It’s a brisk Friday morning in Niagara Falls. As the hustle and bustle of the morning commute dies down, a different kind of energy is building inside the Grand Hall at Fallsview Casino Resort. Booths are setup, microphones are tested and the room buzzes with conversation as what feels like half of Niagara trickles in. Among them are businessmen and women, tradespeople, small and large business owners, government employees, university representatives and busloads of high school students. This is the Niagara Industrial Association Trade Show.
Every year, the NIA holds a massive event here to bring together the hundreds of manufacturing and skilled trades businesses in the region. Ideas are shared, demonstrations are conducted and innovation is flaunted. And of course, it is the holy grail of networking.
On top of all this, the trade show is an opportunity for high school students like Hailin to show off their school’s impressive endeavours in industrial design, robotics and engineering.
Hailin is a high school senior in St. Catharines. He’s the kind of kid who, when adults meet him, is asked, “Are you really only in high school?” He’s well-spoken, highly focused and pretty darn smart. He’s here at the NIA trade show with one of the region’s many dedicated teachers. Their students are exhibiting projects they’ve created like a submersible ROV that was used by local business Rankin Construction to enter and survey malfunctioning turbines in the Welland Canal.
But for Hailin, this isn’t just another science fair. He’s here because he’s in the process of applying for post-secondary programs and wants to know as much as he can about the industry in which he could soon find himself working. Hailin hopes to begin a Bachelors of engineering next year and go on to pursue an MBA.
Hailin doesn’t have to look far to find inspiring examples of manufacturing and industrial success in Niagara. The skilled trades and manufacturing industries in the region are booming. In the region alone, the GDP of this sector is over $1.6 billion (USD) and growing. With a labour force of over 225,000, the opportunities for young people like Hailin are virtually endless.
The Niagara Industrial Association is an important advocate for this sector and is integral to its growth. It is the only organization based in the region that focuses specifically on the needs and interests of the manufacturing and industrial sector in Niagara.
They influence government policy, promote business development, build strategic partnerships and act as a resource for programs and services that support the industry.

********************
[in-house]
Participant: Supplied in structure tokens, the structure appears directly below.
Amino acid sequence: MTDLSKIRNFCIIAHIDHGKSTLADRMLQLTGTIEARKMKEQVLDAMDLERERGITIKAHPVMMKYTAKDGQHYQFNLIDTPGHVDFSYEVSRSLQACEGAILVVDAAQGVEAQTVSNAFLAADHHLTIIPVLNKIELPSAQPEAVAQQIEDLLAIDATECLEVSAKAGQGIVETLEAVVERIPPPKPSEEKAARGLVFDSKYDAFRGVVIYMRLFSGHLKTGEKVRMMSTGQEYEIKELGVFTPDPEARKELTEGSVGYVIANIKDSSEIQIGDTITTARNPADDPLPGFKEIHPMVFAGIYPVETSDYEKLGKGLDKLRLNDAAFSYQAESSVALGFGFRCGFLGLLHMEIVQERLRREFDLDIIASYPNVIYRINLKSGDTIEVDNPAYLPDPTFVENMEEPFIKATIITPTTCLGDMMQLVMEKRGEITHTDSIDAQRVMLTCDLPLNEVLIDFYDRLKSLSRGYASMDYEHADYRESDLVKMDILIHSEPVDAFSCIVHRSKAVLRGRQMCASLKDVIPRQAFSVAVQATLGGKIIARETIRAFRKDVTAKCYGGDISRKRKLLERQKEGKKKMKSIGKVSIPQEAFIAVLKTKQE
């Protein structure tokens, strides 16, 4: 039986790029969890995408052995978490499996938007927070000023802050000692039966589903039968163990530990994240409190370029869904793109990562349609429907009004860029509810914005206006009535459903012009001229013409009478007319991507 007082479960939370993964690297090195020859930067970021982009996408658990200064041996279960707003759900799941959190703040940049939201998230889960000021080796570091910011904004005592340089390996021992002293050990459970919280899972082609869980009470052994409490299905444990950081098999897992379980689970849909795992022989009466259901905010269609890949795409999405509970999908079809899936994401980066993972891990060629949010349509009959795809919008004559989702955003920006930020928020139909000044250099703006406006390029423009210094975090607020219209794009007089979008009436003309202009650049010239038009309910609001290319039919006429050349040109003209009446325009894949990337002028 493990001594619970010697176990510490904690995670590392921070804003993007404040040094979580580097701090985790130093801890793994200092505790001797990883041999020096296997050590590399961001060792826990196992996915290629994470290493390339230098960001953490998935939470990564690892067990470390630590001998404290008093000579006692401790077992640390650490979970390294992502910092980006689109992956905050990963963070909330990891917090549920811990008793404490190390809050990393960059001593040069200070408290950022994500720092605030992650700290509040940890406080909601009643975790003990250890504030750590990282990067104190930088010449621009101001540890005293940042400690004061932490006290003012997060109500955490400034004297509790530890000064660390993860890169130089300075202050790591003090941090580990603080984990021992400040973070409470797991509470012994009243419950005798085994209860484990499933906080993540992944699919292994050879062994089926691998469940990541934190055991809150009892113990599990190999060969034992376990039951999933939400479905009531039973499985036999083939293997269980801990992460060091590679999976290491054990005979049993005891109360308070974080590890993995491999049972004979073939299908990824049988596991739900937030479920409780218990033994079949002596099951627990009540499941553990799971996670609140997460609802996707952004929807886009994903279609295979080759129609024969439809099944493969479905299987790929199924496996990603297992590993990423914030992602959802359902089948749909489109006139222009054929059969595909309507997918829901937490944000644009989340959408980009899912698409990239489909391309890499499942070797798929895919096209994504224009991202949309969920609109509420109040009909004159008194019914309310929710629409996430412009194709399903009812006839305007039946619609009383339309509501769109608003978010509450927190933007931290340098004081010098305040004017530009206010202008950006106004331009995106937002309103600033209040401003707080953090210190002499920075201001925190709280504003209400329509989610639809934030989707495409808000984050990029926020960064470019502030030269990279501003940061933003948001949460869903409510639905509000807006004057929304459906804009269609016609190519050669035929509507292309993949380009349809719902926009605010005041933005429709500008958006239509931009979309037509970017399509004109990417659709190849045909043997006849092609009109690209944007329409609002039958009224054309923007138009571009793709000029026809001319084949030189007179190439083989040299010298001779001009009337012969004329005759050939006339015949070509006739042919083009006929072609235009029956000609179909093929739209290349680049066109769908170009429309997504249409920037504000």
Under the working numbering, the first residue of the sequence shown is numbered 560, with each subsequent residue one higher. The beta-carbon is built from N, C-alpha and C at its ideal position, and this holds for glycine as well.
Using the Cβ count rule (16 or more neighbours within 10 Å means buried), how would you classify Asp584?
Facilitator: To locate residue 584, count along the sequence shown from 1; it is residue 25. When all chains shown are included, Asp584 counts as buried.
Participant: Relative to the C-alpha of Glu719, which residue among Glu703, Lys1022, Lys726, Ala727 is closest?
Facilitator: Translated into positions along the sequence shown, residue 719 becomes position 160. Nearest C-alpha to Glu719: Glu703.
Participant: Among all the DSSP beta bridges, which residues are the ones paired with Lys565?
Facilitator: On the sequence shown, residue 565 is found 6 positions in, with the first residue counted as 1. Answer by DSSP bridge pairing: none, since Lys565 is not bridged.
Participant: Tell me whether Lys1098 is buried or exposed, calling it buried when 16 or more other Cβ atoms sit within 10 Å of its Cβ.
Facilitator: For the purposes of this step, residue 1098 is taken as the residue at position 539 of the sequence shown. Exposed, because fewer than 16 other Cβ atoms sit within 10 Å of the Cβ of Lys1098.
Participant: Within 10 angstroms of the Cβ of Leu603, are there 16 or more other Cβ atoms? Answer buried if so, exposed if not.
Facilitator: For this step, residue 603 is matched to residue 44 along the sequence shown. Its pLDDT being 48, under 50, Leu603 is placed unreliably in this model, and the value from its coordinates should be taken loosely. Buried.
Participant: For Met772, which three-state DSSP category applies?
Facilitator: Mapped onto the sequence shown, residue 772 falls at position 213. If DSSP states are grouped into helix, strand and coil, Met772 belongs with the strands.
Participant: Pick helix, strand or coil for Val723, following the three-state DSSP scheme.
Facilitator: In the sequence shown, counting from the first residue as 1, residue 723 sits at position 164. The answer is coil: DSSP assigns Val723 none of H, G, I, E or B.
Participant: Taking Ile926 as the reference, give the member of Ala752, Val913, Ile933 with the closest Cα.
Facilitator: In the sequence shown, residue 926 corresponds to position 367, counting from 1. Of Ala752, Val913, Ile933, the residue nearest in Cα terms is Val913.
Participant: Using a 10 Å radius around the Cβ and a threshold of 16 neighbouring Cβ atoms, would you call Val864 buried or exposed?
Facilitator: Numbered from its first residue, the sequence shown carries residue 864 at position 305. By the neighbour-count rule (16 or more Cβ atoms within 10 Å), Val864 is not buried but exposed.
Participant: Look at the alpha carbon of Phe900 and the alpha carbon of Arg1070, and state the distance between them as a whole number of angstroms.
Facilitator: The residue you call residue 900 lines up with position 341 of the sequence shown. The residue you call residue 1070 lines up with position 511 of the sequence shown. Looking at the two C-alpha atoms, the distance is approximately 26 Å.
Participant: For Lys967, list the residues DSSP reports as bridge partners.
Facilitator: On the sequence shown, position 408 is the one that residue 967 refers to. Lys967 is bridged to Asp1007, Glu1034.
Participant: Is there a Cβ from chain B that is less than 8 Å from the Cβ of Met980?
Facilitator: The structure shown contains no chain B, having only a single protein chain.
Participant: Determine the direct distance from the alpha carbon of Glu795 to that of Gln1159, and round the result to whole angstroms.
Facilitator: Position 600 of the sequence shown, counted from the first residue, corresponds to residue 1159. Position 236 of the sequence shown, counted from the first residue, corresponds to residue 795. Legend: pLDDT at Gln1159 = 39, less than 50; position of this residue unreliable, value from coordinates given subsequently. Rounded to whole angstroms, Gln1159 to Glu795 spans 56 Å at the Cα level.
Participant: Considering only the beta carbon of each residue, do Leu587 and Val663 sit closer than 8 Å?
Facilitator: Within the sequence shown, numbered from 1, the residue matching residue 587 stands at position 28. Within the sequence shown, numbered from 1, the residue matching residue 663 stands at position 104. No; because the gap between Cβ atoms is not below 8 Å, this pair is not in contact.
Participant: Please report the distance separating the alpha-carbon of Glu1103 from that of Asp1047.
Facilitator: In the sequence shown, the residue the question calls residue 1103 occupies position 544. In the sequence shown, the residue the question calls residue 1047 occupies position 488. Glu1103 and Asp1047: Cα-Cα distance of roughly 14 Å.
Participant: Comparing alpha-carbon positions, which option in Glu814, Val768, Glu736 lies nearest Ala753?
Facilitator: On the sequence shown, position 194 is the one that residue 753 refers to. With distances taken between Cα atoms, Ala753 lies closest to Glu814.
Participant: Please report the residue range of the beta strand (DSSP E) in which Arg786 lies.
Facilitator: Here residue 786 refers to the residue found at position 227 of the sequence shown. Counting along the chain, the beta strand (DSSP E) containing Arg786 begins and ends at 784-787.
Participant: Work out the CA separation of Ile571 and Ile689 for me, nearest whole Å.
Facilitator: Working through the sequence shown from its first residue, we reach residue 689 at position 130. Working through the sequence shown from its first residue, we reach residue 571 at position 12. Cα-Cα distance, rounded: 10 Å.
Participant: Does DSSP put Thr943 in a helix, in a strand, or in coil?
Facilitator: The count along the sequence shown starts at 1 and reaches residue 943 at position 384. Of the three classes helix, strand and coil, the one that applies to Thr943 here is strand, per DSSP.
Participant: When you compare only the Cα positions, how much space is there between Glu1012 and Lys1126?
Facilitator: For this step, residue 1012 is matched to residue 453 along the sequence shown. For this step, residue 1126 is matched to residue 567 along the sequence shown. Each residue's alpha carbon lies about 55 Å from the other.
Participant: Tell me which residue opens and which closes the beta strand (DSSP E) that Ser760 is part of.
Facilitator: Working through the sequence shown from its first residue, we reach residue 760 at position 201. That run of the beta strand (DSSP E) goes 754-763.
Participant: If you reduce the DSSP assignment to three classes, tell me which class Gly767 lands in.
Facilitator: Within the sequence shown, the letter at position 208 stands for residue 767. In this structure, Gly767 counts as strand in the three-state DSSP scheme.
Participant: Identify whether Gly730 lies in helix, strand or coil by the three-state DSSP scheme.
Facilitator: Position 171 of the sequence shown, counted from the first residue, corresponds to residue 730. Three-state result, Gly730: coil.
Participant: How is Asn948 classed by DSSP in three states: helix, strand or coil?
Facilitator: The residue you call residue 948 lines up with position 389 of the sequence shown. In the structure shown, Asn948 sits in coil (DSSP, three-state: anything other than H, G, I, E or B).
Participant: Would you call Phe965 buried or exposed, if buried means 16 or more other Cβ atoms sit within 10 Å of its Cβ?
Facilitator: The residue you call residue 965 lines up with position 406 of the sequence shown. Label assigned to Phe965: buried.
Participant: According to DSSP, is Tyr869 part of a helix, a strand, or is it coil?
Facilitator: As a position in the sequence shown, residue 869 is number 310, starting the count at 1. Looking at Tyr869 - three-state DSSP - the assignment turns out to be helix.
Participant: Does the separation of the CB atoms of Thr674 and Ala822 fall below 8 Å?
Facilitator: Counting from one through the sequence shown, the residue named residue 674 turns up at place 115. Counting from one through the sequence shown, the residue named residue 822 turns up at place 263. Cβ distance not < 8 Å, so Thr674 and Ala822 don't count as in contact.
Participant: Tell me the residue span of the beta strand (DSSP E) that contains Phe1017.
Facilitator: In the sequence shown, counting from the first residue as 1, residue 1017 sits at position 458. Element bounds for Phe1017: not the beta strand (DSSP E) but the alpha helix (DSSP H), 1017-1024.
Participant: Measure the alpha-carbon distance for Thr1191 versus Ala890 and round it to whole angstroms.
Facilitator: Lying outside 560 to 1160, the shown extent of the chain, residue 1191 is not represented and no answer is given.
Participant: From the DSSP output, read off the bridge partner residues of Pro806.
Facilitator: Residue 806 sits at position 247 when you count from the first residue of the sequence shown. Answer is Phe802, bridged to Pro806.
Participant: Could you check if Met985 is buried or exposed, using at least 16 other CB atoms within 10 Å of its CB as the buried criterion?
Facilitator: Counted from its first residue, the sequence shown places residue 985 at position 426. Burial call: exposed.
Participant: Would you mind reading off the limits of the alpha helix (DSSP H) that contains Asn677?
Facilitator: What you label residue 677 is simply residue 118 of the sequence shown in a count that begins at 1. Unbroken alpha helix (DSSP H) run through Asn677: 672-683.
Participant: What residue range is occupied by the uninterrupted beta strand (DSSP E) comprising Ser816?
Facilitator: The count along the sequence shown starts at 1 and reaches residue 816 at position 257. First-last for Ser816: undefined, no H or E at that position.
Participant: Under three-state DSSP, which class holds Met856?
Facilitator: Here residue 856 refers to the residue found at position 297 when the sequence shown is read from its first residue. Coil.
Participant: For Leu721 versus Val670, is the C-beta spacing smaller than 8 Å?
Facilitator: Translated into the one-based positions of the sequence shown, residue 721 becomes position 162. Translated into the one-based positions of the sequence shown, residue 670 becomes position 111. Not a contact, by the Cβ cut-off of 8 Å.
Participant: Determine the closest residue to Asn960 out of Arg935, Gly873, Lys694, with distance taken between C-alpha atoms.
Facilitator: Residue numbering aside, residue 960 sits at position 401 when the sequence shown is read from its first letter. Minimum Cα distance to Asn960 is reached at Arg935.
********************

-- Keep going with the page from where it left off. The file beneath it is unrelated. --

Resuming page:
Trade shows like this are integral to maintaining the pulse of an industry as thriving as the region’s industrial and manufacturing industry. It’s a place where business owners, investors, governments and educational institutions can pool their knowledge and get one another inspired about the work they do.
It’s also an opportunity for thought leaders, like President and CEO of GE Canada Elyse Allan, to share industry insights and to inspire a successful year ahead.
It is also crucial to the industry’s continued success that students like Hailin are made aware of the amazing opportunities that exist in Niagara for those in skilled trades, engineering, business management and other related professions.
The manufacturing industry is alive and well in Niagara thanks to a number of factors. Niagara Canada’s low cost of doing business and cost-competitiveness drive businesses into the region. Once they’re here, businesses benefit from government incentives, tax rebates, funding programs and access to the Niagara Foreign Trade Zone.
What’s more, Niagara is setting itself up for a bright future in the skilled trades and manufacturing sectors by investing in quality education programs at both Niagara College and Brock University. These schools are driving young talent to Niagara and many of them are staying here upon graduation.
The Niagara Industrial Association acts as a direct link between government, private sector, public sector and academia to ensure that the wheel never stops turning.
For students like Hailin, that means a bright future ahead in Niagara.